Neolithic beakers from NorthEastern Africa Anna Longa At the turn of the Vth and IVth millennia BC a new fashion for the production and use of a characteristic group of vessels spread over the vast area of north-eastern Africa. The vessels were caliciform beakers (Figure 1). They have convex bases and flared rims, although a few examples with flat bottoms were also registered. Their surface is usually richly decorated with geometric designs that were either incised or impressed. The vessels were distinguished for the first time in burials of the Egyptian Tasa culture. Numerous publications label the vessels with diverse names such as caliciform beakers, tulip beakers or Tasian beakers (Brunton 1937; Ciałowicz 1999, 103; Gatto 2006, 104). The majority of them were discovered in cemeteries, where they had been offered to the deceased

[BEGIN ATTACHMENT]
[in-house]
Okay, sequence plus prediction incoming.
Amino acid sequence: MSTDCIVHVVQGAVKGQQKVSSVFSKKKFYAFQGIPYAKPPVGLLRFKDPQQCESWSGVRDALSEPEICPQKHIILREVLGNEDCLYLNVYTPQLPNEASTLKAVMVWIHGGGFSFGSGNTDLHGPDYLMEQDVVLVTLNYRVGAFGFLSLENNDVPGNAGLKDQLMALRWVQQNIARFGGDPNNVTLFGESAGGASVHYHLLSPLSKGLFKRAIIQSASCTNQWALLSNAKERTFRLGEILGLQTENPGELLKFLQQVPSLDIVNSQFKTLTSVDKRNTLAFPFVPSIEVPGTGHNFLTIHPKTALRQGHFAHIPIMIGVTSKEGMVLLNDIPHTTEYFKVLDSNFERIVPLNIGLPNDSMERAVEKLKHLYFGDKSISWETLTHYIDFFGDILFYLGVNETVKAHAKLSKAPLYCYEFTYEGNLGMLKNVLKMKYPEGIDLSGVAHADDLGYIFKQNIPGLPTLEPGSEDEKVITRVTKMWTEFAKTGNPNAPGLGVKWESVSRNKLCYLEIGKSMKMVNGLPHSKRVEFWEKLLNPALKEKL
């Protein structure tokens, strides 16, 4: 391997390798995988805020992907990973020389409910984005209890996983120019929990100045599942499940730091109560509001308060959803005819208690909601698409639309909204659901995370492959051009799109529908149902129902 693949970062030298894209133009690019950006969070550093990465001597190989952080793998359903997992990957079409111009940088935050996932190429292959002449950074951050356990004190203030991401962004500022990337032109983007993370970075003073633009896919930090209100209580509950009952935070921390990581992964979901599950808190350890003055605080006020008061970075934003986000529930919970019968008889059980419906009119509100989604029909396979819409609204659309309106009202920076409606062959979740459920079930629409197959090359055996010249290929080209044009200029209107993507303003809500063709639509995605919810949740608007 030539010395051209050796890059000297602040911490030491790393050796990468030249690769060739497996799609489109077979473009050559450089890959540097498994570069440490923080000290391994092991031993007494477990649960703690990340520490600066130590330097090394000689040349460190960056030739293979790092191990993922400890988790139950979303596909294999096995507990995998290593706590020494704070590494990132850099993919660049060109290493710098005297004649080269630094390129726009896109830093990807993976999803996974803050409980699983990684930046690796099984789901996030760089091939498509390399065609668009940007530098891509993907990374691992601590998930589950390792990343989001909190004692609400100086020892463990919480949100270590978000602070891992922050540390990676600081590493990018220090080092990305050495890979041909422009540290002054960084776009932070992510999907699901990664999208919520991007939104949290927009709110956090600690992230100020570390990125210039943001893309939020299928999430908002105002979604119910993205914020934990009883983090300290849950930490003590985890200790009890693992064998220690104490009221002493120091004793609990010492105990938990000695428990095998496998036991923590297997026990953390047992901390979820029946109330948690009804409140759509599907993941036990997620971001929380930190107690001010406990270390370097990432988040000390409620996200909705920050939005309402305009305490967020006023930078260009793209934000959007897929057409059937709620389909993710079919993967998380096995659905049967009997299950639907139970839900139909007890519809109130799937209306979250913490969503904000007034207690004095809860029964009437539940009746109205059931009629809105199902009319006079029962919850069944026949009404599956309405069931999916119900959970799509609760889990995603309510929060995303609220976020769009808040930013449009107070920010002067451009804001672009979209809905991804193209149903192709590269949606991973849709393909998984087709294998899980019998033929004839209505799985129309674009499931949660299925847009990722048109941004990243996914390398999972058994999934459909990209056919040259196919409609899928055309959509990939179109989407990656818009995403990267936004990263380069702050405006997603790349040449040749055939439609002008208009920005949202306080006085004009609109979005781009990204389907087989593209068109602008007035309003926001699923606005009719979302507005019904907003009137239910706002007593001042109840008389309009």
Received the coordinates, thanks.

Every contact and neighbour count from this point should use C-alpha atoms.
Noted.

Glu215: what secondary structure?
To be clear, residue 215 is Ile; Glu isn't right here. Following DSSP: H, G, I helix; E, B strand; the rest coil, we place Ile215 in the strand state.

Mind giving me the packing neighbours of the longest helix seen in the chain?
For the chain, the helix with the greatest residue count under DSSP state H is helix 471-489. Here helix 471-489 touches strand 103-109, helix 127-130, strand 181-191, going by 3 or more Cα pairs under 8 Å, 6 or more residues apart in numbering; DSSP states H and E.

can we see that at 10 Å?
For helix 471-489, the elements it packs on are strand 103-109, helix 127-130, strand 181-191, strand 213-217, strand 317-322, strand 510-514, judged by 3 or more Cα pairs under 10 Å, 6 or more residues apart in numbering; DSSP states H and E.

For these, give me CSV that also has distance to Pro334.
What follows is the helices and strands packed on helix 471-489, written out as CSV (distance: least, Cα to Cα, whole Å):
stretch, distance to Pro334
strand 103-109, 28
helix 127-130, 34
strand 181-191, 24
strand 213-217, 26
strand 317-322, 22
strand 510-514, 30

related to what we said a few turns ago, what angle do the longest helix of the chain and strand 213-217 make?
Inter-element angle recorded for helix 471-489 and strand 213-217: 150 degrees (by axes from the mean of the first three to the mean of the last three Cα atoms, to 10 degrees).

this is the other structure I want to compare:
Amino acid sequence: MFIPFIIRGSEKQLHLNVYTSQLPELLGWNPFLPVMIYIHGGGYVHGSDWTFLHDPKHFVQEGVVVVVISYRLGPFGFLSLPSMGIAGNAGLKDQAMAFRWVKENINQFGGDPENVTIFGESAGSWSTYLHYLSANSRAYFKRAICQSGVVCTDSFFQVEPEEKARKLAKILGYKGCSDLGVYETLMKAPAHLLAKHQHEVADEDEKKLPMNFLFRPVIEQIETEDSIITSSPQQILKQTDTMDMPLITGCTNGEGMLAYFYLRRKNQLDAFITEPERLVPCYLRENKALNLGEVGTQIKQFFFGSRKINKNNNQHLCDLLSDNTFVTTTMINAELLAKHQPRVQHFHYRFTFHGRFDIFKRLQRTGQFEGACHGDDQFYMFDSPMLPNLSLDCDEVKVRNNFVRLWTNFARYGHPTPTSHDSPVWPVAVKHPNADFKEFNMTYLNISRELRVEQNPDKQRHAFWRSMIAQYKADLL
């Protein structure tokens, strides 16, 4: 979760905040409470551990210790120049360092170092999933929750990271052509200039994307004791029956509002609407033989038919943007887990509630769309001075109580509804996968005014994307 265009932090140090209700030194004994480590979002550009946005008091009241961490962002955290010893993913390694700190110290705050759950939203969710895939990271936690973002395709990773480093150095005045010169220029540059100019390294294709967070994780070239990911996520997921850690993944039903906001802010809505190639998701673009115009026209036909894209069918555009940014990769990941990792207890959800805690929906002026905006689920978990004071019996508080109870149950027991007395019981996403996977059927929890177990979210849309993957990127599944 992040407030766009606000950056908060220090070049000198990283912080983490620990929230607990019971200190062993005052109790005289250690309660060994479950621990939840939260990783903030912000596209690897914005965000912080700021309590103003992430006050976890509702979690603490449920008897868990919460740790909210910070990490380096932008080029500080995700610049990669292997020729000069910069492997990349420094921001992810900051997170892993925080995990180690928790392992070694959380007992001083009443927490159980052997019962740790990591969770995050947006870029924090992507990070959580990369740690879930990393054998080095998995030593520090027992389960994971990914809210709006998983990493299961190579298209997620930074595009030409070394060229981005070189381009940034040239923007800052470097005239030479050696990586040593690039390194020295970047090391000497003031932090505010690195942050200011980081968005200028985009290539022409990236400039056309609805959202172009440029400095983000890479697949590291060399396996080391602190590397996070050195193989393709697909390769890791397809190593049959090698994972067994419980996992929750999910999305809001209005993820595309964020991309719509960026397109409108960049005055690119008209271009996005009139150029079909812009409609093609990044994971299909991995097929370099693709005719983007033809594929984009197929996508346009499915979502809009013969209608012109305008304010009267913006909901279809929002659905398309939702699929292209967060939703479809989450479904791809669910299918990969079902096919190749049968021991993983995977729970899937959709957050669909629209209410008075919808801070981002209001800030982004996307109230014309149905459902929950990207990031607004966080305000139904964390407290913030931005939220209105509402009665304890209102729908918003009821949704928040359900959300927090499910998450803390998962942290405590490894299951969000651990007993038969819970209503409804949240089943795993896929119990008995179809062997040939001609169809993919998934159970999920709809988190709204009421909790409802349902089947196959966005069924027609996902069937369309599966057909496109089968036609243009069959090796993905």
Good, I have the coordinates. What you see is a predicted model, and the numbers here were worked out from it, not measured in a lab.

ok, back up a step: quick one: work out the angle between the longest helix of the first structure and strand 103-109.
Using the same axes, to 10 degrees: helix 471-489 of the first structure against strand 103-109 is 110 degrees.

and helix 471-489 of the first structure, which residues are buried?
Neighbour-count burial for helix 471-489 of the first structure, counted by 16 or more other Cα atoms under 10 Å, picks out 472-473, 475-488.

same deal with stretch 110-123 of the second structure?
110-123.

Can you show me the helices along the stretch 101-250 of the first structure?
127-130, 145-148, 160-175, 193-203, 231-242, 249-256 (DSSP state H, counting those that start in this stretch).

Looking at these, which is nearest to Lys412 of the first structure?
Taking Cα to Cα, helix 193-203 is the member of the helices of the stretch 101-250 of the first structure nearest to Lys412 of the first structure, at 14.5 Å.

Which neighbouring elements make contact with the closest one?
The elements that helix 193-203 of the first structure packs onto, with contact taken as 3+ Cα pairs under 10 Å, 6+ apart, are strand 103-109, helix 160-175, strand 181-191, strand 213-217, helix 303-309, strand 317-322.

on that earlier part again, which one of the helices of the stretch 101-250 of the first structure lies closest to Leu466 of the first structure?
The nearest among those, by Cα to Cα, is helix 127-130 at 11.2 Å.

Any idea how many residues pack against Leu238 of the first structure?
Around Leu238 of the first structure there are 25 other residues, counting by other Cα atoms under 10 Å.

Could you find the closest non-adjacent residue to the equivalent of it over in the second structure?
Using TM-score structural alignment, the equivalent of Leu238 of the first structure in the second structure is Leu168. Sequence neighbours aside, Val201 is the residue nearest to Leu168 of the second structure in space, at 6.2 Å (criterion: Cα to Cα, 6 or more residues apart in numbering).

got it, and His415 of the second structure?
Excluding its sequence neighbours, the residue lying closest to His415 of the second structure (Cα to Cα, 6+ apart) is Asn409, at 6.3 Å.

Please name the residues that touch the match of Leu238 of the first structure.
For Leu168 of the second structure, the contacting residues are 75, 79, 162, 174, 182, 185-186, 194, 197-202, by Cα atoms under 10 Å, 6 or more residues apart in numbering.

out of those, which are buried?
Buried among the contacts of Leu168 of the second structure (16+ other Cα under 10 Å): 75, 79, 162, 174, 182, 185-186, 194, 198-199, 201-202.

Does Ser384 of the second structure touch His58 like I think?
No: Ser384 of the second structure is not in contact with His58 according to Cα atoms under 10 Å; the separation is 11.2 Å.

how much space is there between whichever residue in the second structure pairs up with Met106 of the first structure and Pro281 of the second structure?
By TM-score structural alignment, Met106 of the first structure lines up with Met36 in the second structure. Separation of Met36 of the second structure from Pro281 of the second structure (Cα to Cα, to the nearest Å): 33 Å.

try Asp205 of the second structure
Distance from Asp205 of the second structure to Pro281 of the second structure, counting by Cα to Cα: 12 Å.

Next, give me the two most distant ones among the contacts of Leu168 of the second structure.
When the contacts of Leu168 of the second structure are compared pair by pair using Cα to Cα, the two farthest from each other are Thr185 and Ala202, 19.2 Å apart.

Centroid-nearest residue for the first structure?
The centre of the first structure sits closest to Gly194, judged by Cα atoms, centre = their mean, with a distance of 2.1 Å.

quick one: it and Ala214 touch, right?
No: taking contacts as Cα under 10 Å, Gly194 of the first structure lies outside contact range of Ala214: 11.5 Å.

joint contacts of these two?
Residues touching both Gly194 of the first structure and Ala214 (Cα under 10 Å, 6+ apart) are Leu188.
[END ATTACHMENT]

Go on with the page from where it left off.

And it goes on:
Figure 1. Examples of caliciform beakers from North-Eastern Africa: A – Western Desert Gebel Ramlah (Kobusiewicz et al. 2005, fig. 2/1). B –Letti Basin - ROM 200/205 (Chłodnicki 2000, fig. 3). C – Wadi Howar – Abu Tabari 02/1 (Jesse 2008, fig. 9/3). D- Fourth Nile Cataract - el-Ar P1 (drawn by Anna Longa).